Ideally, sunset is the cutoff time for all food consumption. This would maximize the functions of the master hormone, leptin, which is responsible for keeping you lean. Leptin should be released from fat cells after sunset to shut down your appetite and shift the body into fat-burning mode. Sunset time changes seasonally, but in order to maximize leptin production, the body needs at least 3 hours between the last meal and bedtime. Weight gain happens so easily when you eat late at night because it alters the timing of leptin entering the brain.

As the sun sets, the light frequency shifts towards the red end of the spectrum and contains almost no blue light frequencies before it completely sets. This is the time to make your environment dark. Light and dark exposure is the most powerful tool in your arsenal when it comes to improving your sleep. The only light that is beneficial at this time of day is natural light from a fire source which gives off mostly red light, like the setting sun. Red light stops the production of adrenaline, so the light from fires has a calming effect and has been shown to naturally lower blood pressure.

Screens on electronic devices are lit with very bright blue light that signals to your brain to wake up and make cortisol. If you are using devices with screens at night, this exposure completely scrambles your circadian rhythm, telling your brain that it is morning. So instead of having a brain that is preparing for bed, your brain is in GO MODE preparing for the rigors of the upcoming day.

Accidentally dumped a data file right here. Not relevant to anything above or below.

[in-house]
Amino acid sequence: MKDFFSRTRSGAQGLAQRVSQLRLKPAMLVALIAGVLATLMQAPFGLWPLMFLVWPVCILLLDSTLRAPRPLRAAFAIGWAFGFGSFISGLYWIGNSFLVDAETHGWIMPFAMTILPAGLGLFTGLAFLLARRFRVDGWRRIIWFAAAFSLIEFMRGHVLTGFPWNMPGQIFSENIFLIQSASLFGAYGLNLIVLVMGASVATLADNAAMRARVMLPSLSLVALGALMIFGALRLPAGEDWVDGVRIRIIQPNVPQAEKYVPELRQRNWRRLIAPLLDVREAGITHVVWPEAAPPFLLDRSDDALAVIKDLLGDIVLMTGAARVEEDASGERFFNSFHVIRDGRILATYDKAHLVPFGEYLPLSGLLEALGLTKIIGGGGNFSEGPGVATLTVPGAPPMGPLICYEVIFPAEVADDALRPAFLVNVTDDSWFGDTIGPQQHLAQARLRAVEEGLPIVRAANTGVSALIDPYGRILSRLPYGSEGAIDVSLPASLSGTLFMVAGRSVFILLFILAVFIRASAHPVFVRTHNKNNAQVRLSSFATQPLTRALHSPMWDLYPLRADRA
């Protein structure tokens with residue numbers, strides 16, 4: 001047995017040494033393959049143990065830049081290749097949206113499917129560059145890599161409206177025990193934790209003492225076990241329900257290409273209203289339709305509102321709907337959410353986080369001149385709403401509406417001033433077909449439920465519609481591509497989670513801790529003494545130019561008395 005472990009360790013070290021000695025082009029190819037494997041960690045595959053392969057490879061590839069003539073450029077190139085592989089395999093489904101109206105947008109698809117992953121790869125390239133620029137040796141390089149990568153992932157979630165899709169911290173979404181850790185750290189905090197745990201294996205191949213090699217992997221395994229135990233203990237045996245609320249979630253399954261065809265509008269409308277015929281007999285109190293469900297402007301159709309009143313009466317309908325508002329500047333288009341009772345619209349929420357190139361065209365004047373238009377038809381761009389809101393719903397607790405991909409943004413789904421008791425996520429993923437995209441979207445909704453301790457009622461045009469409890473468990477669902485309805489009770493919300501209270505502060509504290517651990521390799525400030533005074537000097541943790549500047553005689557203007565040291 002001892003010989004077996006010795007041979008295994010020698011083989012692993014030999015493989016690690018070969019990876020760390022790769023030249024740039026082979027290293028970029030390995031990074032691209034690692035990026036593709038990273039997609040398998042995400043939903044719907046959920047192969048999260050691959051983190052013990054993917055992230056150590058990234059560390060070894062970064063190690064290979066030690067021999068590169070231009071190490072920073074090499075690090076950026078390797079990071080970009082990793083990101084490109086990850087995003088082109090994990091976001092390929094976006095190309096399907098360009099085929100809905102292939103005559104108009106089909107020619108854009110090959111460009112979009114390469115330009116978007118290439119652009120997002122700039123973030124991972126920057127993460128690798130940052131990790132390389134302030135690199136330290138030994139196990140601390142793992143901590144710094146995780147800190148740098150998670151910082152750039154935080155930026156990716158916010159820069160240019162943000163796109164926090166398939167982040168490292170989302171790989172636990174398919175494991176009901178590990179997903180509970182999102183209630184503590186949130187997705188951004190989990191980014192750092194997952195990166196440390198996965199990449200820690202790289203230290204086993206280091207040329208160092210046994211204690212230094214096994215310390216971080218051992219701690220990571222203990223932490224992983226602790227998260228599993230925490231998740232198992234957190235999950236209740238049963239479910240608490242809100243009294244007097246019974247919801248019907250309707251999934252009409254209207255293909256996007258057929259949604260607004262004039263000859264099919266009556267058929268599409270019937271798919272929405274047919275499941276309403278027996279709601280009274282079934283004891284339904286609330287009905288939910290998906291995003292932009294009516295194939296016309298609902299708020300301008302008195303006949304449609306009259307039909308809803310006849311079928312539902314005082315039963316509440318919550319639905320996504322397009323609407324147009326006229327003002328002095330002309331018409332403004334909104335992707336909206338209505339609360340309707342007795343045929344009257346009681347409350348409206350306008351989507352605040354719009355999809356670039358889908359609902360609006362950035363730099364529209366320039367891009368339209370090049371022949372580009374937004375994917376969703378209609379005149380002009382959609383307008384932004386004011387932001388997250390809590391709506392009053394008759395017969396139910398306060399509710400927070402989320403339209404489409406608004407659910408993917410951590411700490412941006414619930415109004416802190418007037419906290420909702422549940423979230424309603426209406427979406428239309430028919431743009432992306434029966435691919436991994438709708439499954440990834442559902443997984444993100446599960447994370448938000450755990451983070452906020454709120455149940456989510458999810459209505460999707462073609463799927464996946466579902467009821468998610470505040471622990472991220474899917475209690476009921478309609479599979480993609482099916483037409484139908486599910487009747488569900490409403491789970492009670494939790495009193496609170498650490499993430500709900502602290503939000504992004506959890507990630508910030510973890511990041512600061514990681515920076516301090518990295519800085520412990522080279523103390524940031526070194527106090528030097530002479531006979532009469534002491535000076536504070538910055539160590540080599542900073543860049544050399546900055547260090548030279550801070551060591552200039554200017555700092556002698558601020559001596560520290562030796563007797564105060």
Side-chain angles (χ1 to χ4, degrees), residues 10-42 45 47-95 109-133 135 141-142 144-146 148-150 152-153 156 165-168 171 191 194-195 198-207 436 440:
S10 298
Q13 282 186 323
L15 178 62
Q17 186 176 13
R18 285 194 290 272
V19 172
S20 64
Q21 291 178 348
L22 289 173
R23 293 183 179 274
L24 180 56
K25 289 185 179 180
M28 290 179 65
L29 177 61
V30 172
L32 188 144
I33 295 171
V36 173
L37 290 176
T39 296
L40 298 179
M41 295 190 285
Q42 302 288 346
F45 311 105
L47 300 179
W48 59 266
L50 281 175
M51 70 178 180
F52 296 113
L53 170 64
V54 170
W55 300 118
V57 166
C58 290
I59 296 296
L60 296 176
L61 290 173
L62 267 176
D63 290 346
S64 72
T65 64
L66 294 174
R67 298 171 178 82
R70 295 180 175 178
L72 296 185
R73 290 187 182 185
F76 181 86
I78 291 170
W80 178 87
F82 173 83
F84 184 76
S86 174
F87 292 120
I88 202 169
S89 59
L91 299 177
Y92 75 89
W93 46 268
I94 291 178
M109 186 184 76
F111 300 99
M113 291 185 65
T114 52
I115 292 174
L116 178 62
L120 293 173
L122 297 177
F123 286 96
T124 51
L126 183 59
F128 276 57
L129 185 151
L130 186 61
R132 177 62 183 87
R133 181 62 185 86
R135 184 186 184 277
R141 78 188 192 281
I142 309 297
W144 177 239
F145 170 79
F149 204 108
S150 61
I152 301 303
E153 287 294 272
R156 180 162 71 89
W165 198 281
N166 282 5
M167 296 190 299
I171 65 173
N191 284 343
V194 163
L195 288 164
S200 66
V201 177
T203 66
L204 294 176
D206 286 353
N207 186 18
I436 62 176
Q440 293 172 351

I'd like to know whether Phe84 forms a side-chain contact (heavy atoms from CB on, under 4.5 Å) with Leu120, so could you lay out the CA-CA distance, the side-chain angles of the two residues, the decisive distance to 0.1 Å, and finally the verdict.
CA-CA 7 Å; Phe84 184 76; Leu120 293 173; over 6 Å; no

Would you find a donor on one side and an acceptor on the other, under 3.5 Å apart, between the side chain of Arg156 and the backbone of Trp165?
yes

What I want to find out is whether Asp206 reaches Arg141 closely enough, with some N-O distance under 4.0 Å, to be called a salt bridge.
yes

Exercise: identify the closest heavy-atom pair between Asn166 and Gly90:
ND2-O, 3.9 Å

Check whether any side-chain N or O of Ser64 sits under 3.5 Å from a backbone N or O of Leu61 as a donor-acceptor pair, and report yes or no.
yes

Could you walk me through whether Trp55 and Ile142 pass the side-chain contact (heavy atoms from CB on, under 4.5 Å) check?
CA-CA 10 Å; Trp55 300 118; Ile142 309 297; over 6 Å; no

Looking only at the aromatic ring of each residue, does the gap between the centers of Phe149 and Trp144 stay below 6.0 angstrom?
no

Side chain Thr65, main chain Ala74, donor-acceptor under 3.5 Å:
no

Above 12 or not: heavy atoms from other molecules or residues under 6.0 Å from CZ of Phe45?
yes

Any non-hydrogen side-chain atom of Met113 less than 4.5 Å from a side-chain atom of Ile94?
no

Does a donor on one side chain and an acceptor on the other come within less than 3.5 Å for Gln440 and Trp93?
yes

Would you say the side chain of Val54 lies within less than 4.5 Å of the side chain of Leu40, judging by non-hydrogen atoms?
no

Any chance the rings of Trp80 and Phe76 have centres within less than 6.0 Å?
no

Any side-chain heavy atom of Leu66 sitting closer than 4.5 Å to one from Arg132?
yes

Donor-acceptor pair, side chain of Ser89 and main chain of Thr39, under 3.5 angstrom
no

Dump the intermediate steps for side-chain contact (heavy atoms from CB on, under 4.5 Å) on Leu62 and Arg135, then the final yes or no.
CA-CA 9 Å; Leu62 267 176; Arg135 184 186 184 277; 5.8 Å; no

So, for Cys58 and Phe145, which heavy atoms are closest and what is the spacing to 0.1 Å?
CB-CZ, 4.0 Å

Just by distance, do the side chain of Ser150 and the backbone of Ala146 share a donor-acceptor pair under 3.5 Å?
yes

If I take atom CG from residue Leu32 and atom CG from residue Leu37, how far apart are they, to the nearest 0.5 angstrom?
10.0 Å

Spend your evenings in an environment designed to be free from high levels of artificial light. Television, tablets, and cell phones should be avoided for at least two hours prior to bed time. Minimize your indoor lighting after sunset, as modern CFL and LED lights are high-energy, blue spectrum lights that severely limit melatonin production. Make sure your bedroom is as dark as possible. Cover your windows, alarm clock and remove any night-lights. Wear a sleeping mask if the room is still bright.

Melatonin is a hormone responsible for regulating many aspects of the circadian process. This hormone is produced in the pineal gland, the blood, and the eye when the sun begins to set and the environment becomes darker. The amount released is dependent on the amount of strong sunlight you were exposed to that morning. Melatonin reminds the body what time of day it is, so it can turn on the processes that will send you to sleep. If you spend your day in darkness, your body will have no way to gauge the time of day, and no reason to produce adequate melatonin.